They’re supremely well made and look good, but more importantly they are water-resistant, reliable, have a great range and a loud ring that makes them easier to find.
Designed to fit on a keyring, the Pro is perfect for house- and car keys, but you can attach it to many other items.
At 5.9mm thick and roughly 40x40mm, it’s small but too thick for keeping in your wallet. Tile has a different tracker for that purpose – Tile Slim.
Tile was one of the first companies to develop Bluetooth trackers and it has grown a pretty big following over the years. The advantage of this is that its crowd-finding system is one of the best out there: buy a Tile and you’re more likely to track it down with the help of others than less-popular trackers.
Tile’s app is excellent, too. It’s easy to use and makes it simple to track multiple devices.
If there’s a downside, it’s the fact they last only a year: the battery is not replaceable and they’re more expensive than rivals. Also, the discount when renewing an old Tile is relatively small – you’ll save less than 30% on the regular price.
If £30/US$35 is too rich for you, the Tile Mate is a cheaper option. For £18/US$20 you get a slightly cut-down tracker: the speaker is quieter, it has a lower water-resistance rating (IP57 vs IP68) and the range is around half that of the Pro. But it still does the job reliably and you still benefit from the same set of features, the same app and the same crowd-find system.
And from our long-term testing we can safely say that you’re likely to get a couple of extra months out of the battery than Tile claims, making it even better value.
The app will still nag you to replace the Tile, since you risk the battery dying at any point once the 12 months is up.
We’ve seen few Bluetooth trackers that are worthy rivals to Tile, but Chipolo’s Classic and Plus buck that trend.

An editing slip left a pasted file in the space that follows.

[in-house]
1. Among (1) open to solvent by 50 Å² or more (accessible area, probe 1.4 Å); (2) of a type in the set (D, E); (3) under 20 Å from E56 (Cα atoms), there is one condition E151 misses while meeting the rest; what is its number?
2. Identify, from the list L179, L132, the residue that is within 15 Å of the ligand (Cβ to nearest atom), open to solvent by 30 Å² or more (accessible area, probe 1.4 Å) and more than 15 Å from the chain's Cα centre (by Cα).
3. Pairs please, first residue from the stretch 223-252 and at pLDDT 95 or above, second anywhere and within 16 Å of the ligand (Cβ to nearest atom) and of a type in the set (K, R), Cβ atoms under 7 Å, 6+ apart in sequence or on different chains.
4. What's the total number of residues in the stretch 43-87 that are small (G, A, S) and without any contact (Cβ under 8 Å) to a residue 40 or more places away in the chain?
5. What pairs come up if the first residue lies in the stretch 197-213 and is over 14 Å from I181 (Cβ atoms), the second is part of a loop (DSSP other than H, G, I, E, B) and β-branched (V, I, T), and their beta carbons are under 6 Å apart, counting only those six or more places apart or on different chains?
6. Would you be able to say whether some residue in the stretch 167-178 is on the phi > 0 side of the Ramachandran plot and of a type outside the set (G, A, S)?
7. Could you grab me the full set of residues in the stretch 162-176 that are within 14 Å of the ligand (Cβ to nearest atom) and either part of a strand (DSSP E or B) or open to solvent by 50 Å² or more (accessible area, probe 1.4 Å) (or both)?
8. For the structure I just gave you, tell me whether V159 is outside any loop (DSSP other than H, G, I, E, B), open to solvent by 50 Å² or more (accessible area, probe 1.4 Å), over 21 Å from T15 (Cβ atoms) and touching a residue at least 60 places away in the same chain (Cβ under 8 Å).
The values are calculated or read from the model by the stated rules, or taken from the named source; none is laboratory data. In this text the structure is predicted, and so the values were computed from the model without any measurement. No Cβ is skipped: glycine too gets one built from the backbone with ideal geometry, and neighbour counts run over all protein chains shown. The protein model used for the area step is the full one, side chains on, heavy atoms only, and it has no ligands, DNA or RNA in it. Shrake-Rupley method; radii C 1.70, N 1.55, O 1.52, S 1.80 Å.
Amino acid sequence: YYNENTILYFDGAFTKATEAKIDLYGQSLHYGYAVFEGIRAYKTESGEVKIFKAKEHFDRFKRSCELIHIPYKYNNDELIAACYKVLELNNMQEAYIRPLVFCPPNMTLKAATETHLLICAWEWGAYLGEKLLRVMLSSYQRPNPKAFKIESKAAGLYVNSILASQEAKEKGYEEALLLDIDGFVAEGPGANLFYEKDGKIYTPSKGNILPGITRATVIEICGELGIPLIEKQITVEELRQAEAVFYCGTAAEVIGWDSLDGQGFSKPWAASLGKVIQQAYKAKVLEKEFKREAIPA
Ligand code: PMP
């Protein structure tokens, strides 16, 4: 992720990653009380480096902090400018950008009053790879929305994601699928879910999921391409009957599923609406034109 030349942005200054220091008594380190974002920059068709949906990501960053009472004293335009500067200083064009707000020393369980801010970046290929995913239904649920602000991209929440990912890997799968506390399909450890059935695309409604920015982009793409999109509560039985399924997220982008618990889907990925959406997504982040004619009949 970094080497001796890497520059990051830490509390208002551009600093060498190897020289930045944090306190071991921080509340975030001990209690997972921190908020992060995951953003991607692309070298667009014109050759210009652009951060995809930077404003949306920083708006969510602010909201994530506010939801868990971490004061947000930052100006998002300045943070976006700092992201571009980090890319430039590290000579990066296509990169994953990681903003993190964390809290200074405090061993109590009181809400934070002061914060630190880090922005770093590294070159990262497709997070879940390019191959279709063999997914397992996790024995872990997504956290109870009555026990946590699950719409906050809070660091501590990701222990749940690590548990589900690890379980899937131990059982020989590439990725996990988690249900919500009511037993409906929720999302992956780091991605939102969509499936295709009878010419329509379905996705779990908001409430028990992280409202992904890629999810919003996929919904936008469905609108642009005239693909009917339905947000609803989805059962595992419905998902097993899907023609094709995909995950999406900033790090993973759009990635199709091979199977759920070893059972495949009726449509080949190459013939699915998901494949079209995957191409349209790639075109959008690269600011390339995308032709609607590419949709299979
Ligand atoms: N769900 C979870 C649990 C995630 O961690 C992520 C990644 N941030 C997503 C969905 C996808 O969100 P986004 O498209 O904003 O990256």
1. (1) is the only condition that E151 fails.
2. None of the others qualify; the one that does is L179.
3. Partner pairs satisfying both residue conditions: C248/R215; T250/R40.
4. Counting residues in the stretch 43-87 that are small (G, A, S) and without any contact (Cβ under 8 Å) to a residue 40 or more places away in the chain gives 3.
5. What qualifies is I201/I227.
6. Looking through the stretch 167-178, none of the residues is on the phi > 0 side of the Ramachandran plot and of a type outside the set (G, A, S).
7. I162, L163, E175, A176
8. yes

They look similar but have a significant difference: the Classic has a replaceable battery. This means it isn’t water resistant, but every nine months or so you can pop in a new CR2025 battery – a standard coin cell that costs mere pence.
The Plus is marginally bigger than the Classic, but is water-resistant and has a non-replaceable CR2032 battery that should last a full 12 months. Both come in a variety of colours.
Fire up the app and you’ll notice a lot of similarities to Tile’s app, so there’s a clean interface that’s intuitive to use.
The pairing process is also identical: press the + button in the app and then the button on the Chipolo itself. Once paired you can choose a category (which determines the icon) and type in any name you like for the tracker, such as ‘Jim’s house keys’.
In testing (we used the 3rd-gen devices) we found the 200ft range isn’t exaggerated: like the Tile Pro, the Chipolos can connect at this range, although you’ll find the connection more reliable at 100ft.
The ringers are – to our ears – as loud as Tile’s too, offering the same chance of hearing them when your keys are in a coat pocket or your child’s soft toy is buried under cushions on the sofa.
Like Tile, the Chipolo lets you ring your phone from the tracker itself and there’s a ‘Community Find’ system for tracking lost items outside of Bluetooth range. However, this is a lot smaller than Tile’s user base, so the chances are slimmer of your lost tracker being located by another Chipolo owner.
Currently there’s no coverage map, but Chipolo is working on producing one.
The good news is that, for the Plus, there’s a decent renewal discount of 50%. So you’ll pay £11.50 for subsequent trackers.
Another bonus is that – unlike Tile – you can log in with your account details to Chipolo’s web portal in any browser to see where your trackers were last seen. You can’t ring them, but you can mark them as lost and you can ring your phone, so long as it has an internet connection and the Chipolo app is running in the background.